The EU plans to suffocate the crypto community via a bureaucratic trick.
On Tuesday, the European Commission revealed a proposal that would prohibit the use of “anonymous crypto asset wallets” as part of its fight on financial crimes.
The proposal would expand EU anti-money laundering and countering terrorism financing (AML/CFT) rules to the crypto sector, the commission said, because “only certain categories of crypto-asset service providers” are currently subject to them.
“Today’s amendments will ensure full traceability of crypto-asset transfers, such as Bitcoin,” the European Commission said, “and will allow for prevention and detection of their possible use for money laundering or terrorism financing.”
This announcement came shortly after UK police announced the seizure of roughly $408 million worth of cryptocurrency as part of an ongoing money laundering investigation. There are probably similar operations in the EU and other regions.
More information about the changes is available in the latest revision (PDF) of Regulation 2015/847/EU. Many of the changes simply make specific references to crypto assets in the existing regulations without applying further modifications.
There are some notable additions, though, such as requiring “other means ensuring that the transfer of crypto-assets can be individually identified and that the originator and beneficiary address identifiers are recorded on the distributed ledger” for transactions lacking traditional payment account numbers and identifiers.
The revision also said, “the requirements of this Regulation should apply to crypto-asset service providers whenever their transactions […] involve a traditional wire transfer or a transfer of crypto-assets involving a crypto-asset service provider.”
Those requirements include the following:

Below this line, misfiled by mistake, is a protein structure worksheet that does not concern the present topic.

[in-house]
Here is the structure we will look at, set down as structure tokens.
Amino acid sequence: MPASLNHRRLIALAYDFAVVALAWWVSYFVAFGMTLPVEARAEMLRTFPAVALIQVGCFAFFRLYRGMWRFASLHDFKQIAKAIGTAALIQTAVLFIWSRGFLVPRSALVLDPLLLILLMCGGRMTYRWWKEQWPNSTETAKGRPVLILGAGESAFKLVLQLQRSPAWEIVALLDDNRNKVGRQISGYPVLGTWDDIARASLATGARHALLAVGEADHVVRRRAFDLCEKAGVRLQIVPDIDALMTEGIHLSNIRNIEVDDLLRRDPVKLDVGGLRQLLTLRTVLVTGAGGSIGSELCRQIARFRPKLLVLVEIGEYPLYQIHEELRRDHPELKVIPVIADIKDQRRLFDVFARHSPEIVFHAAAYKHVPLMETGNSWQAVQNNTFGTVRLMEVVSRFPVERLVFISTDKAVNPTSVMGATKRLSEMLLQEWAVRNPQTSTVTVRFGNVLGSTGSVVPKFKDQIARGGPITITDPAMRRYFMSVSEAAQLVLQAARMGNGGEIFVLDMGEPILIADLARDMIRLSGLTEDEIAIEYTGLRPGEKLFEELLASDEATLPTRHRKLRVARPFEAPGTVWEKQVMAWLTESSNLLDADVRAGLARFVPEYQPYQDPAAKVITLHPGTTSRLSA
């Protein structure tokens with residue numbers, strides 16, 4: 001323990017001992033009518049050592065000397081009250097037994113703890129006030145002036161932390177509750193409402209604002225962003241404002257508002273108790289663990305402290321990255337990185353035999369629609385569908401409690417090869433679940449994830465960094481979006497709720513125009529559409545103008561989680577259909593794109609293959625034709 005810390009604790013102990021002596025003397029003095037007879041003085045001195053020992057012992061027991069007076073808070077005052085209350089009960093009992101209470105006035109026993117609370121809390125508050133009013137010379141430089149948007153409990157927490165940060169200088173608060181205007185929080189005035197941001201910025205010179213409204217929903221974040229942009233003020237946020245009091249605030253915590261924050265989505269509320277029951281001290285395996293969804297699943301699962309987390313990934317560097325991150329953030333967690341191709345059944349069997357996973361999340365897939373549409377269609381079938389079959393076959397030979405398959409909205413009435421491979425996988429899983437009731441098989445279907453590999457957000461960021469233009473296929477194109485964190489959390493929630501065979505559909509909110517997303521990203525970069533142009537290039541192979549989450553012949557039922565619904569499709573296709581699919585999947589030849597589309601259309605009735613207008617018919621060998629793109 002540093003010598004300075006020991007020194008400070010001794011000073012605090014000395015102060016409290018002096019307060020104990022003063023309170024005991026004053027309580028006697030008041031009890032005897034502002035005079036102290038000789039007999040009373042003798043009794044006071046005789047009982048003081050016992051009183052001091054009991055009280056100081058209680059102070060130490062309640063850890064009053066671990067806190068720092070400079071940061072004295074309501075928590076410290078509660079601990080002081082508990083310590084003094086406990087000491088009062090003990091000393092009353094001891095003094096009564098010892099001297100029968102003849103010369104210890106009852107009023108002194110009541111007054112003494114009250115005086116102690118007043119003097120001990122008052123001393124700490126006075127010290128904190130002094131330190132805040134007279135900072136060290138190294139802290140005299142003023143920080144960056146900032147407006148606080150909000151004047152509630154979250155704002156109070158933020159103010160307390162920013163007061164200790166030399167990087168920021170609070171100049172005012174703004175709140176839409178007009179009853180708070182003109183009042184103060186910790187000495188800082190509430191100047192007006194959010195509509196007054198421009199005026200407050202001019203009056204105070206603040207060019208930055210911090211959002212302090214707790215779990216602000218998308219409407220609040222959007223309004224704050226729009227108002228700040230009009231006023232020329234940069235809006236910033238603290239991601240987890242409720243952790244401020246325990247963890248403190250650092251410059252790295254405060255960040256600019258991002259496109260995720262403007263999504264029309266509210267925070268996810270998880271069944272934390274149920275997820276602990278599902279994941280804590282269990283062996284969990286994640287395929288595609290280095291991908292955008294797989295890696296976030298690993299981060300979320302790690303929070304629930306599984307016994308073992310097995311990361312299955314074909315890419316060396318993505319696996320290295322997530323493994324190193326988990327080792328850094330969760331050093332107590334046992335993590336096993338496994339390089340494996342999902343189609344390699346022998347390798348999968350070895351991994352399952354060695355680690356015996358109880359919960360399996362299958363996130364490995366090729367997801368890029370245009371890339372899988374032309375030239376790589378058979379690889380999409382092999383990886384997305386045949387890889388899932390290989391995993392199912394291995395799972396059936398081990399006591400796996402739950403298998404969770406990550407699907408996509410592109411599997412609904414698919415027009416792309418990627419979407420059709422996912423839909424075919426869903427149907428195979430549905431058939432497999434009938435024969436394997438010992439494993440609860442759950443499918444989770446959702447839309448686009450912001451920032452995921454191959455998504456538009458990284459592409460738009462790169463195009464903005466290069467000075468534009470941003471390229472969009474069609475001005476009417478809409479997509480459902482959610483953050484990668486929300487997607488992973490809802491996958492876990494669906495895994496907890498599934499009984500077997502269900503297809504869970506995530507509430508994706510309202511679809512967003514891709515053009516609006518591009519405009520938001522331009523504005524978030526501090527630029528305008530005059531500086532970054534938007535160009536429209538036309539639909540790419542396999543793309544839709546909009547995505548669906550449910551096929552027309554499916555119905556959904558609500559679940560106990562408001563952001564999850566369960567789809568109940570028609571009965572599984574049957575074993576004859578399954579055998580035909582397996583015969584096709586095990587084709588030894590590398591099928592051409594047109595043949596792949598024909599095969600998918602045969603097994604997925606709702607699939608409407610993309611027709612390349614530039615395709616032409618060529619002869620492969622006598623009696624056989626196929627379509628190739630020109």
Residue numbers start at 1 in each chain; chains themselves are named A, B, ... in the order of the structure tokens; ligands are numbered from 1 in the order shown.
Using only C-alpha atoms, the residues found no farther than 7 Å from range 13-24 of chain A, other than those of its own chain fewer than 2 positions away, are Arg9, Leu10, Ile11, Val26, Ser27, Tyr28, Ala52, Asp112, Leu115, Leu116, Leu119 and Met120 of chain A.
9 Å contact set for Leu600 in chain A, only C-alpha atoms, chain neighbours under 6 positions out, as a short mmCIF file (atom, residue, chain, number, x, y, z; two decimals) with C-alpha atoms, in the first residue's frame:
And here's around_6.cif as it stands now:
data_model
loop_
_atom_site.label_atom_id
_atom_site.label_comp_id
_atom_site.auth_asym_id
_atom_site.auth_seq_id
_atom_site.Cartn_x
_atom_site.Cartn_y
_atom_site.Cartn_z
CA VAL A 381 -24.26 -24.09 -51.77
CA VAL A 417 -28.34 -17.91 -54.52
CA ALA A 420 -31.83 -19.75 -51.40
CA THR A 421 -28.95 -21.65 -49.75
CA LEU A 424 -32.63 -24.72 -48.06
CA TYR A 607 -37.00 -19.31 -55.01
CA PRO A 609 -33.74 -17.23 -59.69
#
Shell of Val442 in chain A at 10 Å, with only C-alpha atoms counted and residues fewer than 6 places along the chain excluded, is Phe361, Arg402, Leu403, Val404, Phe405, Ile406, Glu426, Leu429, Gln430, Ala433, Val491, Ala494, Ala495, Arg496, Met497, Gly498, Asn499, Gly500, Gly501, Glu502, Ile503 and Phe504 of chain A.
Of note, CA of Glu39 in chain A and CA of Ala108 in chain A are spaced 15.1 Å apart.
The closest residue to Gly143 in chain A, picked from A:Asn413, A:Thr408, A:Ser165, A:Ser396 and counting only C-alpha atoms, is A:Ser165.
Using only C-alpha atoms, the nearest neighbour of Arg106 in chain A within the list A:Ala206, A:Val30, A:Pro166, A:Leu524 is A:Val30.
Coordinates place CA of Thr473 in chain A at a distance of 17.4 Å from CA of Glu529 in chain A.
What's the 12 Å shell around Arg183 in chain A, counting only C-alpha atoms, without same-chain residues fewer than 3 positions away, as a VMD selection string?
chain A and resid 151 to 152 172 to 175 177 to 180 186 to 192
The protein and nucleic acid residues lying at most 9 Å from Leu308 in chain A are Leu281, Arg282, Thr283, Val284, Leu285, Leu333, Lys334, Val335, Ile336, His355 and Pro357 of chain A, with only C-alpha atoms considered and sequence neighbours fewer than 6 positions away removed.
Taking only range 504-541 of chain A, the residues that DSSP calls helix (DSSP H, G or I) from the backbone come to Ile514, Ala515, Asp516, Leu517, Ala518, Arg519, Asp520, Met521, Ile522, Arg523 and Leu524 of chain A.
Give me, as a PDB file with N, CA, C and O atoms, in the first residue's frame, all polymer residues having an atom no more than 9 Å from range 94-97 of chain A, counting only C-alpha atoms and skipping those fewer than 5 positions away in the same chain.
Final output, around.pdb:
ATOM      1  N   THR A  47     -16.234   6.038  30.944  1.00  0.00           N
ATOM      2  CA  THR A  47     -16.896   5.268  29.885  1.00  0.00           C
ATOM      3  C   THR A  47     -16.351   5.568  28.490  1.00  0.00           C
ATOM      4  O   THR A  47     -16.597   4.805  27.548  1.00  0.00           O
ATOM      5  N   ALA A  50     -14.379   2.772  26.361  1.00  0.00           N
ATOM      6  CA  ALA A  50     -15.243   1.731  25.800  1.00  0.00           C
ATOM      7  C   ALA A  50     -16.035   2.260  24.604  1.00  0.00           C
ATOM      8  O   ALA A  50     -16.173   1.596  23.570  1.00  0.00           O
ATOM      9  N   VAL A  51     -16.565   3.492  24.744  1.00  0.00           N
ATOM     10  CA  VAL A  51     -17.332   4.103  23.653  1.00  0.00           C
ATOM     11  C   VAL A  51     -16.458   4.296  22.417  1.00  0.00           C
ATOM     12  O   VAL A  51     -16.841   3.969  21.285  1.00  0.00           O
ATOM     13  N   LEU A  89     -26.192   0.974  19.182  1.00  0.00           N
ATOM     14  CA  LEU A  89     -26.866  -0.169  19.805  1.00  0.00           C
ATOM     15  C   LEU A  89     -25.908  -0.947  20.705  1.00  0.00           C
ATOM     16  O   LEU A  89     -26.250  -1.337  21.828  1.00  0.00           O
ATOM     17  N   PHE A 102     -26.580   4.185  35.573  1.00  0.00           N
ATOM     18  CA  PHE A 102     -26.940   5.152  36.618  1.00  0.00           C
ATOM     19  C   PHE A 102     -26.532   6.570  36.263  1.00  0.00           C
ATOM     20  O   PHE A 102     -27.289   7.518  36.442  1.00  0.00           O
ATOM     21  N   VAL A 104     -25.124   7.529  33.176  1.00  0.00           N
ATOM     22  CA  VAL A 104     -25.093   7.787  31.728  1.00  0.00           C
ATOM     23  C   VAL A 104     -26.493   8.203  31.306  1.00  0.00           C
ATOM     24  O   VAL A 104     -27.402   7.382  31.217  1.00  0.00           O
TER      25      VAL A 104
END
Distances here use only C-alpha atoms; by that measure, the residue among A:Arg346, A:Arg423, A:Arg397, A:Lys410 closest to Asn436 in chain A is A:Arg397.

“The crypto-asset service provider of the originator should ensure that transfers of crypto-assets are accompanied by the name of the originator, the originator’s account number, where such an account exists and is used to process the transaction, and the originator’s address, official personal document number, customer identification number or date and place of birth. In addition, the crypto-asset service provider of the originator should also ensure that transfers of crypto-assets are accompanied by the name of the beneficiary and the beneficiary’s account number, where such an account exists and is used to process the transaction.”
Similar requirements were made of the beneficiary’s service provider but in the opposite direction. (Meaning those service providers are required to make sure all the relevant information was provided by the originator’s service provider.)
The BBC reported that the proposal must be approved by the EU’s member states and the European Parliament before it could become law. This process could take up to two years, per the report, which gives people a while to prepare for the changes.
Note: Is here some defense? Answer is Yes. Through the establishment of the IBC.
For common folks there is other solution, alhough not 100% safe: Folks can long-term hold assets on a centralized crypto exchange such as Binance etc. These assets of clients of centralized exchanges all lie in one “wallet” (more precisely on the one account). So it is impossible to name one wallet by the names of millions of clients. Eventually client’s assets lie in segregated accounts – nevertheless, these cannot be named Of course, such an exchange may go bankrupt or be hacked at any time.
And why don’t big companies use crypto yet? Companies don’t want competitors to see which suppliers the company pays for components. And when analyzing transparent platforms like Bitcoin or Ethereum, this can be found even today.